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Epilepsy Blog Relay™: A new frame of reference

eg-headshotThis post is part of the Epilepsy Blog Relay™ which will run from November 1 through November 30. Follow along and add comments to posts that inspire you!

Eric’s Story

At 42, I had my life completely together, working in technology, making a good deal of money, 1 kid in college, another about to go and a third just starting high school. My wife works at the high school all three kids were at, lots of colleagues, friends and several hobbies, all in all a good life. Earlier this year, I had a grand mal that put me in the hospital, there had been warning signs, but because we did not know what to look for, it came as a huge surprise.

The epilepsy diagnosis came as a shock, my being drug resistant was an even bigger shock. The neuro telling me I had probably had epilepsy since infancy was a huge shock. The biggest shock came from the VNS (inside epilepsy joke). I have a cardio problem that compounds the epilepsy problem as well.

I have not reached the 18 month mark post VNS insertion yet, however, the neuro and the cardio docs are already concerned, my seizure activity has gone up 300% for several months now. The neuro discussed SUDEP for the first time this month, I had to sit the family down and explain what that meant which was a difficult conversation for my 15 year old. All of this is the downside.

A new frame of reference

On the upside is a bunch of stuff I never would have expected. My friends rallied around me in a way I NEVER would have expected. They also made jokes like getting me to stir their drinks when I had a seizure (goofballs). I received support from people I haven’t talked to in over a decade. I have had people who don’t know me express concern, tell me they are praying for me, and bring us food, as simple expressions of kindness.

At first, I was embarrassed, especially after that first grand mal in the middle of church. I was mad at myself and humiliated. But also humbled at how concerned people I don’t even know were and how my friends made sure to cover everything and keep most of them at bay. I assumed at first it was just pity, but the more people I have shared my story with, the more I learn that most people are genuinely interested in the problem and don’t pity me but do feel some amount of concern or empathy.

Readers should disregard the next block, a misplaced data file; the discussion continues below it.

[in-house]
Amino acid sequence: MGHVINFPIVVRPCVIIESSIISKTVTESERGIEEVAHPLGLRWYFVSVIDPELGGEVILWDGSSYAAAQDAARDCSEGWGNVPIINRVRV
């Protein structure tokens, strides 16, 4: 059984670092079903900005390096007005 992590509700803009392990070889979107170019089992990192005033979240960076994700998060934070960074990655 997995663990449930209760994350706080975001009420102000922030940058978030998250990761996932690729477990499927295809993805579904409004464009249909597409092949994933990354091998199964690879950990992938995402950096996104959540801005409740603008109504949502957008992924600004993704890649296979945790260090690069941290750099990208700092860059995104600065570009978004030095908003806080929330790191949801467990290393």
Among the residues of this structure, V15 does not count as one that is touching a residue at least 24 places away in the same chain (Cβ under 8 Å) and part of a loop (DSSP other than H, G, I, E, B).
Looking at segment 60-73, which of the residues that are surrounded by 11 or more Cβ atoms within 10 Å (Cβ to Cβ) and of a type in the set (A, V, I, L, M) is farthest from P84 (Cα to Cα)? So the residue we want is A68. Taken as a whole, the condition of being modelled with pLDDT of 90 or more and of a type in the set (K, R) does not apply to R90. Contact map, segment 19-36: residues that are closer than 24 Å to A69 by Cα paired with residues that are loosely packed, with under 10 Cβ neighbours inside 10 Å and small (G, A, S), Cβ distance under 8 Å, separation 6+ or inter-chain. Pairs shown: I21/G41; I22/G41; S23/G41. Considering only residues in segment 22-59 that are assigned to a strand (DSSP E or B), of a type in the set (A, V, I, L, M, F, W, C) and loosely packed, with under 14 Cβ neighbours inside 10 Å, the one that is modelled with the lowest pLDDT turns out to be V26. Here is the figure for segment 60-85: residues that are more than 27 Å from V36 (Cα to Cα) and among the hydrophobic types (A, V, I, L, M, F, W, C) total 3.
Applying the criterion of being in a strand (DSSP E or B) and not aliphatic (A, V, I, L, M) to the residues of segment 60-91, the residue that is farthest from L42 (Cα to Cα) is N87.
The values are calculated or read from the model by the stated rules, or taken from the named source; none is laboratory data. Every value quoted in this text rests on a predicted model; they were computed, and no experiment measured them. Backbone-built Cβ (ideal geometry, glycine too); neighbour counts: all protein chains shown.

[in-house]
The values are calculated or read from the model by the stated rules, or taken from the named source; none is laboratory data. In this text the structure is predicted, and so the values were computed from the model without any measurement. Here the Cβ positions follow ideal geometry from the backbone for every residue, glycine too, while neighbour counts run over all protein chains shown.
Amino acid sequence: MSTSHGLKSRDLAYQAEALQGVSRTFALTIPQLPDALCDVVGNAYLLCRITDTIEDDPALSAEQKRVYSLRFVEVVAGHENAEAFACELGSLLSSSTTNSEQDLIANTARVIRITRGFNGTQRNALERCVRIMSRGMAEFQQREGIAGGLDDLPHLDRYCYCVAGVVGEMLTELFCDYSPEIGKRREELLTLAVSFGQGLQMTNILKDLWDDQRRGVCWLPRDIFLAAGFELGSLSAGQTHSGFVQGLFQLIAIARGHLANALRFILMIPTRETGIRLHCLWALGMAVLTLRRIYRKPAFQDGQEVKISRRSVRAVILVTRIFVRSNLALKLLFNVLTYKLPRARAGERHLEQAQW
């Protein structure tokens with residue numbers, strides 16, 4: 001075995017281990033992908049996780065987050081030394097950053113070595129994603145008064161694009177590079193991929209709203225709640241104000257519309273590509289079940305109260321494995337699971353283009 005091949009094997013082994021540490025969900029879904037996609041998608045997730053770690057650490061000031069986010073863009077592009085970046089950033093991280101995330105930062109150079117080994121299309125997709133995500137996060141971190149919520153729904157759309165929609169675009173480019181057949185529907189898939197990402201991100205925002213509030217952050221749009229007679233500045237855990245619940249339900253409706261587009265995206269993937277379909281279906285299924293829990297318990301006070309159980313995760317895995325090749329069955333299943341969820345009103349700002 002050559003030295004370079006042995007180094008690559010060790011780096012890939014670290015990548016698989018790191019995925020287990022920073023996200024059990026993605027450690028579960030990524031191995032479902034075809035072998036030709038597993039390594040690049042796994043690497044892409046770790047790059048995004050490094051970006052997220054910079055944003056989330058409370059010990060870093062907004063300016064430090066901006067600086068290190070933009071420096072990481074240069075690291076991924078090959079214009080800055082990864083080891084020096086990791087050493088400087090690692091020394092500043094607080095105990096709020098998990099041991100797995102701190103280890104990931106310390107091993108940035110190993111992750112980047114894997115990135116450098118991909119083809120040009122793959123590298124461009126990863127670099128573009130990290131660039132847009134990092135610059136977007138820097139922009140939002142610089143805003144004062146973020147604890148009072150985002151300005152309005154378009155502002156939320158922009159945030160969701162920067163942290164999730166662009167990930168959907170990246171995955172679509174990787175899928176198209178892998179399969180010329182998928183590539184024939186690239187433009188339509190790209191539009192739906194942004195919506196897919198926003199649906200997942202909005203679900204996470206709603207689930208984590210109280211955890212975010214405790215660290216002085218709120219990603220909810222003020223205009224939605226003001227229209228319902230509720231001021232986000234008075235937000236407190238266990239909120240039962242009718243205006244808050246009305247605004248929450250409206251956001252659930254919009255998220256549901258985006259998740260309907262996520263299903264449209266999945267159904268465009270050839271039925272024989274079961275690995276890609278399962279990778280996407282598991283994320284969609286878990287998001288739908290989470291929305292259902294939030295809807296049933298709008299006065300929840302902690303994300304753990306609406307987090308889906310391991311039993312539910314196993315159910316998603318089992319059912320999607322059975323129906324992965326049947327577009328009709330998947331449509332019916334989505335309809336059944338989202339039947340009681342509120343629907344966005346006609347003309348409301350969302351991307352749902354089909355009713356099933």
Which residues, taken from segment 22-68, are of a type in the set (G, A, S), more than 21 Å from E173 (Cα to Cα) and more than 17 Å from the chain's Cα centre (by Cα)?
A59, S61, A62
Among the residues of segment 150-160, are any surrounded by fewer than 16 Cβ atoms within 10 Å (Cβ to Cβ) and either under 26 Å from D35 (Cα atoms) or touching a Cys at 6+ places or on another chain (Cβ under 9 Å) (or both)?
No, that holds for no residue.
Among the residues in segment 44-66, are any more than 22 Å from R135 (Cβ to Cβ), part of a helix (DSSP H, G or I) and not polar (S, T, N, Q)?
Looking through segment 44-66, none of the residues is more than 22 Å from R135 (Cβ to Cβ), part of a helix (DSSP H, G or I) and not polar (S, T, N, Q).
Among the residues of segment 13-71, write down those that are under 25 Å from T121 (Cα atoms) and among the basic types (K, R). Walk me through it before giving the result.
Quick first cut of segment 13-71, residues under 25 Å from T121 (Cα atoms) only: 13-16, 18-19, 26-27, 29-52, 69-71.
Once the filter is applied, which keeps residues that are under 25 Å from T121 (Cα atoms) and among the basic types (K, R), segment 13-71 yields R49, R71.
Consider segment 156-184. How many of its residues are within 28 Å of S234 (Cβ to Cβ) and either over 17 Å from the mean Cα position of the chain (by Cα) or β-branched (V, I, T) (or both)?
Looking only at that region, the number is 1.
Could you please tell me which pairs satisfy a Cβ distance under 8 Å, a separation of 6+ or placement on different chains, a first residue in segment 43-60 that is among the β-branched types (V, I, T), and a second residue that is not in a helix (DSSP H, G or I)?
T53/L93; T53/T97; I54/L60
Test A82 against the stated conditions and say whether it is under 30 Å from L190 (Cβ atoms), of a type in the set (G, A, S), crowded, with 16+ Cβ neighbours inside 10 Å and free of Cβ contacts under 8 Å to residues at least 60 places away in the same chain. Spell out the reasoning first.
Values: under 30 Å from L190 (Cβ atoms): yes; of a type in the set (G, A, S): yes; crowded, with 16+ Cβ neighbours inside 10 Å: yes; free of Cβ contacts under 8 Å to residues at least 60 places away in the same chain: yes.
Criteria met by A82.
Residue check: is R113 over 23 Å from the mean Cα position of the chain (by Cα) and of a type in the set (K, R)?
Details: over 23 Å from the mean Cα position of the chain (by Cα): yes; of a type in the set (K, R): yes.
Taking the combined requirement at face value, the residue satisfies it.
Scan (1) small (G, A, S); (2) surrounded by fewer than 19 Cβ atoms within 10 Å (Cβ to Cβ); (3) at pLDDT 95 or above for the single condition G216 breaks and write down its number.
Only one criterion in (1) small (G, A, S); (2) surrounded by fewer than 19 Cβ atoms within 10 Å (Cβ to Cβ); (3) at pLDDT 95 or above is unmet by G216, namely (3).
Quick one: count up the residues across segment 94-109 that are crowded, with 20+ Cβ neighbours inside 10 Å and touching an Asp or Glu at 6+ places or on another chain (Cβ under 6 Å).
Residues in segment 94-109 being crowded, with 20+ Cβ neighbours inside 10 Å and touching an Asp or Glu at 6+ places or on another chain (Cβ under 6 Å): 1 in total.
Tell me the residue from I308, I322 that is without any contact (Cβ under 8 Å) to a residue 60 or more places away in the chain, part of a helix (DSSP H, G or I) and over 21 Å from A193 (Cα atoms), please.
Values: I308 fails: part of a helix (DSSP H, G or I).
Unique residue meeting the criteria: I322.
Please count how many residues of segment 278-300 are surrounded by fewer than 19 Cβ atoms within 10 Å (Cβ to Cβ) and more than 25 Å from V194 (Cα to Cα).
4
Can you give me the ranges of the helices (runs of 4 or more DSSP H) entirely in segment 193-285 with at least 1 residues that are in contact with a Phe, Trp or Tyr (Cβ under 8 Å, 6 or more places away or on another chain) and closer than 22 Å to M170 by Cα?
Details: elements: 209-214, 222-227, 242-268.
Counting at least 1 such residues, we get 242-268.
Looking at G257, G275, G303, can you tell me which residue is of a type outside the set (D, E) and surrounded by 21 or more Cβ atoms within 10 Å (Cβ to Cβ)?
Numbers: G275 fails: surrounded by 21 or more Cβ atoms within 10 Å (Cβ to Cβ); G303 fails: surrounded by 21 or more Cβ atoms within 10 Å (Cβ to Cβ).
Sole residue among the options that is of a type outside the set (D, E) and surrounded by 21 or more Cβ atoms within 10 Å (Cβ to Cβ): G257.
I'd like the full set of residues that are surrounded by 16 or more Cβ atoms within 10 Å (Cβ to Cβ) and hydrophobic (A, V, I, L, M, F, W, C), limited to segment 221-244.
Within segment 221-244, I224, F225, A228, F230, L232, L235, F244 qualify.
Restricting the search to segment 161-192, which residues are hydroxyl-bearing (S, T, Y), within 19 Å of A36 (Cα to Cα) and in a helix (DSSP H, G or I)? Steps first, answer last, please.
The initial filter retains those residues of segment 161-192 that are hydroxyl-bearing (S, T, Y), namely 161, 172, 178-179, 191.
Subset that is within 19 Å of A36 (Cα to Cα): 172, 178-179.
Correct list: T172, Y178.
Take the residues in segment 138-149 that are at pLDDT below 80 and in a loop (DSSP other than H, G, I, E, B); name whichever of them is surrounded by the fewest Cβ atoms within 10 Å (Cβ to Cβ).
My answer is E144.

In addition, I have had conversations with so many males with chronic illnesses. I would have never had these discussions if not for the epilepsy. I have found out that we are not doing a great job with chronic illnesses in this country period but males especially seem to just try to ignore it or suffer in silence. I at first thought I was just pathetic or weak for having seizures or being in pain. I realize that there are so many people who are either a similar or the exact same boat. I am starting an initiative in my community to get people talking about their struggle and know they aren’t alone.

I don’t know where this is going to take me, I don’t even know how much better or worse the epilepsy will get and that’s okay. There are days where I am so tired I can barely get out of bed or days where my brain is on fire. But I am not depressed about it anymore because I accepted what is happening to me, my new frame of reference, and now, each day is an opportunity to see if I can make it count.

myepilepsyhero_facebookheroimage_eventpageNEXT UP: Be sure to check out the next post tomorrow by Greg Grunberg of Star Wars, Star Trek and Heroes fame at https://livingwellwithepilepsy.com for more on epilepsy awareness. For the full schedule of bloggers visit livingwellwithepilepsy.com.


DON’T MISS IT: Don’t miss your chance to connect with other bloggers LIVE on the #LivingWellChat on November 30 at 7PM ET.

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